My Own Worst Enemy

There’s a hilarious video of a dog on a sofa chewing on a bone. As his hind leg slowly moves towards the bone, the dog starts growling, barks! then tries to bite it. What? The leg then pulls away and the dog goes back to the bone. Slowly, slowly, the hind leg inches forward. Again, the dog growls and attacks.

Can’t a fellow enjoy a bone in peace around here?

It reminds me of what happens every time we say, “my car,” “my company,” or “my shirt.” We imagine that we have to protect it, stay on the defensive. We imagine that we can be harmed, that we are somehow under attack.

Even if we’re just with friends, there’s some weird part of us that imagines that someone might trying to take “it,” to hurt “it,” to harm “it,” whatever it is. We might start barking at them. We might even end up sending these friends away. Or our family. Or our business associates.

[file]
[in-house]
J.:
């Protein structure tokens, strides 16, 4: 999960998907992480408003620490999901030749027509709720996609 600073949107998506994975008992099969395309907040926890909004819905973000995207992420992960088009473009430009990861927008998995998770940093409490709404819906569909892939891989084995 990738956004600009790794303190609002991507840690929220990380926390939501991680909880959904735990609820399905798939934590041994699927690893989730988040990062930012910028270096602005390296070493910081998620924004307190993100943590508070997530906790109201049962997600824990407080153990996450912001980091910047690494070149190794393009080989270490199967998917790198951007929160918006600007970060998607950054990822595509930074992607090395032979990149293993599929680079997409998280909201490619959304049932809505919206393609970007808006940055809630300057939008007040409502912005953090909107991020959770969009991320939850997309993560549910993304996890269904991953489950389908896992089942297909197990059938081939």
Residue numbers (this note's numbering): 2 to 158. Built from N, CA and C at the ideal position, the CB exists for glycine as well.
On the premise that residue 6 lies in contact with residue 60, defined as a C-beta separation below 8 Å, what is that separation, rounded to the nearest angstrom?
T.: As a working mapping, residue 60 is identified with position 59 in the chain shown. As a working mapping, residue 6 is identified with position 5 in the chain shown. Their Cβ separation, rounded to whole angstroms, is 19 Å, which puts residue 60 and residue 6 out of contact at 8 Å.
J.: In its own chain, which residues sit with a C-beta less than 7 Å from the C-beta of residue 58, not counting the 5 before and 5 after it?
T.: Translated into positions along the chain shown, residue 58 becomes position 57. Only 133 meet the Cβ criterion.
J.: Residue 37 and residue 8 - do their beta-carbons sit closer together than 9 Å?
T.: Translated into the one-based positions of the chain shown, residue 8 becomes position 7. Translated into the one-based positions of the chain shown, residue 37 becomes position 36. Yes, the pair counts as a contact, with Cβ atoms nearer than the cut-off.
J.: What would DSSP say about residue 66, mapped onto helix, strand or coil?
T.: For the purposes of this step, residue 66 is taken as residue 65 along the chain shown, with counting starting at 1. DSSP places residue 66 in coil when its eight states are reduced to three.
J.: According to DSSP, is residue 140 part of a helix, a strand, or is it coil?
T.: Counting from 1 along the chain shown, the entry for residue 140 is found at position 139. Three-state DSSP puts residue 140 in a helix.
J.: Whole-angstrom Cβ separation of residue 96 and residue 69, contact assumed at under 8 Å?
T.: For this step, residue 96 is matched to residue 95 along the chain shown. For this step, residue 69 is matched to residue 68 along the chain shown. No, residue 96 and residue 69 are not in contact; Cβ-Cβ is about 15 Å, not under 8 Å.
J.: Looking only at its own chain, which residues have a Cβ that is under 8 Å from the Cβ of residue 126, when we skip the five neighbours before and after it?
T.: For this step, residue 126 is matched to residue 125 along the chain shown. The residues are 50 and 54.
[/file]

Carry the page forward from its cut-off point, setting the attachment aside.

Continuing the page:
It’s part of some strange mindset we create whenever we try to cut off something from the universal whole and call it “mine.”

It’s like our hind leg wants there to be an enemy. Even when there isn’t one.

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